4. Take them outside every few hours the day of and the day after the surgery. The IV fluids they received during the operation will make your pet have to urinate more frequently. She might be disoriented and have accidents indoors if not given the regular opportunity to go outside. Occasionally a dog might even pee in their sleep- as they are likely to sleep so much deeper than usual- so it might be best not to let them sleep on anything that couldn’t be cleaned up later.
5. Give water - she wont think she’s thirsty, but she will actually need liquids more than usual. Don’t leave,though - overly groggy dogs can droop their head in their water and drown. You can also offer food- which some dogs might like and some might not. If you do offer food, offer something bland like boiled chicken or hamburger meat, not treats, and give only a small amount. This way if they choose to eat it’s out of real hunger and not for the flavor. You can expect a little nausea and sometimes vomiting the first day after surgery, another reason a small meal is best.
6. Proper wound care after surgery helps dogs heal faster and reduces infections and other complications. Your vet should give you instructions for cleansing the wound (or leaving it alone). Vet advice might range from changing bandages or cleaning a drain site 2-3 times a day to just checking it every few days. Some vets will have you wash the wound with salt water, or use betadine. Others will give you antibiotic creams to use. Some vets will use a glue to close the wound rather than stitches or sutures. If that is the case it is important NOT to wash the wound, but keep it dry.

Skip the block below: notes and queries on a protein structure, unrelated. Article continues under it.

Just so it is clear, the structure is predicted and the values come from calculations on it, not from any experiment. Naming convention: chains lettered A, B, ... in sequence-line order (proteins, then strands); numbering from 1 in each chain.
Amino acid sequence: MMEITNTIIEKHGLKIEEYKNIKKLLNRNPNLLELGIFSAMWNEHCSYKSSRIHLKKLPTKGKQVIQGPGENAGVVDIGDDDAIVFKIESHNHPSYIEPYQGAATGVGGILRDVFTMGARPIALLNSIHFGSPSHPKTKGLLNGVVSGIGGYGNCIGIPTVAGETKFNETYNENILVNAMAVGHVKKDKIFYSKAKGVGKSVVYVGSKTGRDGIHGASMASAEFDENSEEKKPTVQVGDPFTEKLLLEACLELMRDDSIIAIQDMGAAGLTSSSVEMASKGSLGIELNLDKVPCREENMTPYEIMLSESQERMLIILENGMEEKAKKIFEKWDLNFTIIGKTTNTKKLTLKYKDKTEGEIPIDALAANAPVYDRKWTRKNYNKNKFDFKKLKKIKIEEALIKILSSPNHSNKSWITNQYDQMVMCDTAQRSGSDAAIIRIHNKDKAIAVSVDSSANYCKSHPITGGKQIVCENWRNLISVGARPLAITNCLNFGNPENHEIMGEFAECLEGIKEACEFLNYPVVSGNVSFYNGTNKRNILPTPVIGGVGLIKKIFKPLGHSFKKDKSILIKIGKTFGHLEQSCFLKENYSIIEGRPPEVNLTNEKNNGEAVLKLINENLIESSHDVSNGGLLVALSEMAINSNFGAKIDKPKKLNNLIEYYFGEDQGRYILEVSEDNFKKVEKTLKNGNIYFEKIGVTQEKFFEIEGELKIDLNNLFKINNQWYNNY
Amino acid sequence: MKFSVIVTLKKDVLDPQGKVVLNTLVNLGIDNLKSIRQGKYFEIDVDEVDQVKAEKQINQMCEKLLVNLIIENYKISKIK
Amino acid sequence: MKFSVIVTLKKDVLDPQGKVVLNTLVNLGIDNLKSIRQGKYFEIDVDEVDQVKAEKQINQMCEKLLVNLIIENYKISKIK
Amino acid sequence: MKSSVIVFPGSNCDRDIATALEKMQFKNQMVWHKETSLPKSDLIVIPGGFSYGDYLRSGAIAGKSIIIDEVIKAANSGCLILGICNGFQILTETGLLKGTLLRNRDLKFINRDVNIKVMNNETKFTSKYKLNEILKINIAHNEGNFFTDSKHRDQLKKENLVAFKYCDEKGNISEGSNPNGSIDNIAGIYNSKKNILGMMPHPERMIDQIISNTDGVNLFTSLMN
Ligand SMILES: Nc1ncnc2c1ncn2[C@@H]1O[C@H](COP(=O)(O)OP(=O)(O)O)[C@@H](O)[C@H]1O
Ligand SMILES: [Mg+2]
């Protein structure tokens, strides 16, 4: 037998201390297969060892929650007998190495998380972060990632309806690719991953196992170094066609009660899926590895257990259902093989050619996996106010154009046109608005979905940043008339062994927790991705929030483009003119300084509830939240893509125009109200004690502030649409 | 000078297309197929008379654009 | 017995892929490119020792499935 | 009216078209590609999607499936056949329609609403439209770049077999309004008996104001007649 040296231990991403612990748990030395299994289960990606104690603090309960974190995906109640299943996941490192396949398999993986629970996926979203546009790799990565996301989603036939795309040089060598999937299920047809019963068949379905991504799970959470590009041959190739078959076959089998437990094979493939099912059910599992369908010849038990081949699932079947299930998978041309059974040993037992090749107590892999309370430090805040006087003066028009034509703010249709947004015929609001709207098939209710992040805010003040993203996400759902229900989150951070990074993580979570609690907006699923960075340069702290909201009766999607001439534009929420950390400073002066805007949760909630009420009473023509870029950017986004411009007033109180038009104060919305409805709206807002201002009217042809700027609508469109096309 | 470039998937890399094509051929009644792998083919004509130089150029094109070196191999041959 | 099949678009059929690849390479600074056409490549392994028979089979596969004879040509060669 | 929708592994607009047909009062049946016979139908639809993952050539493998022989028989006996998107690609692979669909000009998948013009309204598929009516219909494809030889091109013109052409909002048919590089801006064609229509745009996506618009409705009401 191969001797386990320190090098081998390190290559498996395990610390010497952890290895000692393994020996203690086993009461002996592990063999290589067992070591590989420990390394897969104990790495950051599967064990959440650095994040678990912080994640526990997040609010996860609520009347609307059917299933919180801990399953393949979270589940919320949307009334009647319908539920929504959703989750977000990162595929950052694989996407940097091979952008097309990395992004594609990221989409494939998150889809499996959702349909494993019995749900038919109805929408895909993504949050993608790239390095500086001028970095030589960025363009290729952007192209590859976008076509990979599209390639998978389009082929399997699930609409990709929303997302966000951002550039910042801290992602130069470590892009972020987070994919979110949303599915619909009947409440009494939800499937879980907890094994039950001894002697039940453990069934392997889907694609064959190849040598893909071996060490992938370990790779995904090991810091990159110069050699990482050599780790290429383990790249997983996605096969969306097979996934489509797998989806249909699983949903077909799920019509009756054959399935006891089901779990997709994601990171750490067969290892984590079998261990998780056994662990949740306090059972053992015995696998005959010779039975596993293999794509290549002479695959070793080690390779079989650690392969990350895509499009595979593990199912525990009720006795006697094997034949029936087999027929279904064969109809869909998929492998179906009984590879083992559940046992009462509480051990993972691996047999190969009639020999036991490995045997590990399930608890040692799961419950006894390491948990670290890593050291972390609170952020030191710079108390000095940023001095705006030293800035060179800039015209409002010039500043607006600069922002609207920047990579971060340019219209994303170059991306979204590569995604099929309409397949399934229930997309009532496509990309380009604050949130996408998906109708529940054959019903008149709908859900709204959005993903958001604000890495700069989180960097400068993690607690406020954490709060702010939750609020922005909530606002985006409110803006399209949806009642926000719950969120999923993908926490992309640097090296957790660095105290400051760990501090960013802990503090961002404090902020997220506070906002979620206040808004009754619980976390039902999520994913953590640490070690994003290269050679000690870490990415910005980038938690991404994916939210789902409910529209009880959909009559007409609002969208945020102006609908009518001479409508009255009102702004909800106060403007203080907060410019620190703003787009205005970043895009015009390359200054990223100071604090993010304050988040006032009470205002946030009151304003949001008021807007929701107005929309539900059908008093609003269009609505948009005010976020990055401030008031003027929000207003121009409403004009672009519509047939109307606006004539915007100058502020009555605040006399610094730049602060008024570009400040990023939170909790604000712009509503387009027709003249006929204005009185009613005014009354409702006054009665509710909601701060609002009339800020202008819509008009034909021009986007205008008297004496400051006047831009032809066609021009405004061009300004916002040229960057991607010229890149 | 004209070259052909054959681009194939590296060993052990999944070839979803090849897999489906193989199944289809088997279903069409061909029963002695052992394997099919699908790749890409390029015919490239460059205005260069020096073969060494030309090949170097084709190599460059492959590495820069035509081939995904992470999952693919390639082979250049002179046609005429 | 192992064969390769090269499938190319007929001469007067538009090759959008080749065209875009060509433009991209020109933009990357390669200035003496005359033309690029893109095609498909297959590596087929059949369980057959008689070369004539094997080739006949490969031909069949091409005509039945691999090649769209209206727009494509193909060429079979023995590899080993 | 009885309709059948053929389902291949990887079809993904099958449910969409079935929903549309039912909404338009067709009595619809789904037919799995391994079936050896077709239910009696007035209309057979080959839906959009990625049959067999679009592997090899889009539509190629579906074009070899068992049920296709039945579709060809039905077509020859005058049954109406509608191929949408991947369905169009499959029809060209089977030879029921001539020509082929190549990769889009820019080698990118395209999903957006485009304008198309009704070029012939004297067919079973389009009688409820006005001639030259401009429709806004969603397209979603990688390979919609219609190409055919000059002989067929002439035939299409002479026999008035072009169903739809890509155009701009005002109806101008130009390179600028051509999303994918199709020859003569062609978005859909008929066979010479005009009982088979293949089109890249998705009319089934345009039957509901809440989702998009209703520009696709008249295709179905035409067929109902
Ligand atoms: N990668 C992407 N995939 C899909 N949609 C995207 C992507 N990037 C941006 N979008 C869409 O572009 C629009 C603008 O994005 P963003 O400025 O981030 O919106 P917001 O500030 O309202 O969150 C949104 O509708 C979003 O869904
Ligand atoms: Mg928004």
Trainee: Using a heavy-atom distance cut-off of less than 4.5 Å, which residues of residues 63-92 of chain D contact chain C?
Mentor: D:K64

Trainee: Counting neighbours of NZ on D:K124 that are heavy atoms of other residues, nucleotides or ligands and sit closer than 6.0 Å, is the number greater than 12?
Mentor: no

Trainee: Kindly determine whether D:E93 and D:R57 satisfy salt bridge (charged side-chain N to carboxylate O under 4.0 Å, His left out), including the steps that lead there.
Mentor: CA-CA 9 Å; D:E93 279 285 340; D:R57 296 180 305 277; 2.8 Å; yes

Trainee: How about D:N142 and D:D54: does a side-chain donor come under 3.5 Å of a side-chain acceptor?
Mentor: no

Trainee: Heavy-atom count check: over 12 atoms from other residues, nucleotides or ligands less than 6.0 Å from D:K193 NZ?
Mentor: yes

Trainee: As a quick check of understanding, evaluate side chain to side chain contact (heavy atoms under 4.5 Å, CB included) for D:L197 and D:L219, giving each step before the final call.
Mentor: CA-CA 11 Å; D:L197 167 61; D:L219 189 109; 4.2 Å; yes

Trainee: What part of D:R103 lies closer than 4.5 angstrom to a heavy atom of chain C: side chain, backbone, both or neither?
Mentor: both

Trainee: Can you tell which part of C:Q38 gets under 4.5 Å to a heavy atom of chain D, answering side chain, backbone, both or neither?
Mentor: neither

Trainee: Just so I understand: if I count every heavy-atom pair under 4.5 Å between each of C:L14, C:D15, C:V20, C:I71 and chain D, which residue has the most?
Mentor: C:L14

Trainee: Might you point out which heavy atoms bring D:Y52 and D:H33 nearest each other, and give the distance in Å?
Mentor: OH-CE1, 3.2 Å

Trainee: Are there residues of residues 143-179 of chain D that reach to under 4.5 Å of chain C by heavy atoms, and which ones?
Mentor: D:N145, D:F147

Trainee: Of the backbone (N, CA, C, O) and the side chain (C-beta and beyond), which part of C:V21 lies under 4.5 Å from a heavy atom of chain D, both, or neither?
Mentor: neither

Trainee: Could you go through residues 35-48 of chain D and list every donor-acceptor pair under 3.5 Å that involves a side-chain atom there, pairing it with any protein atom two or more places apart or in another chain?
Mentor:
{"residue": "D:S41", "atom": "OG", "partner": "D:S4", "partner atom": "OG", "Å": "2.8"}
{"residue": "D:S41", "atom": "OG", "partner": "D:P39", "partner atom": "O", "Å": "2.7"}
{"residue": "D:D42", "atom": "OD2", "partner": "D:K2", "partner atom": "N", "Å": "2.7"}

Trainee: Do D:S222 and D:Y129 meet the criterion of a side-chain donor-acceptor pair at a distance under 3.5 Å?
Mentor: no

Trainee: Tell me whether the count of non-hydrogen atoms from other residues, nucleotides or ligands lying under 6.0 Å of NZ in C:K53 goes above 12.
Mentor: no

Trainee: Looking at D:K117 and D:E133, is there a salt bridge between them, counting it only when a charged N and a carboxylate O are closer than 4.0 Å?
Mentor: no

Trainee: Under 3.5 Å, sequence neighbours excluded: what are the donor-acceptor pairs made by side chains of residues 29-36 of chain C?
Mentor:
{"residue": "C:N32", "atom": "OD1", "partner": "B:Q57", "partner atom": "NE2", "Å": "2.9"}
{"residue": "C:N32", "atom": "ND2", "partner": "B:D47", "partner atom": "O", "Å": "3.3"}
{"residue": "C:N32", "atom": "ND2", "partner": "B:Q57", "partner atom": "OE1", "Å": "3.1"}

What you can do is check to see the wound is staying closed and isn’t infected. For healing spaying wounds or other scars from internal surgeries, check to see the original length of the scar, and be alert if it seems to get any larger or sutures have come undone. Don't hesitate to call your vet if that is the case.
A little blood and plasma (clear or slightly yellowish fluid) leaking from the wound site is normal. Excessive pus, white or yellow fluid could signal a dangerous infection. Any more than a few drops of blood is likely cause for concern.
7. Prevent licking - it might cause an infection or pull out sutures. If your dog has a wound they can reach, they’ll probably try to lick, and so will their doggie friends. Again, that means isolating your dog from other pooches, and keeping the “cone,” or e-collar on, if your vet gave you one. Your dog only needs a couple of minutes to lick and bite out stitches- so better not to risk it. The e-collar might be needed for up to two weeks after the surgery while your dog is recovering.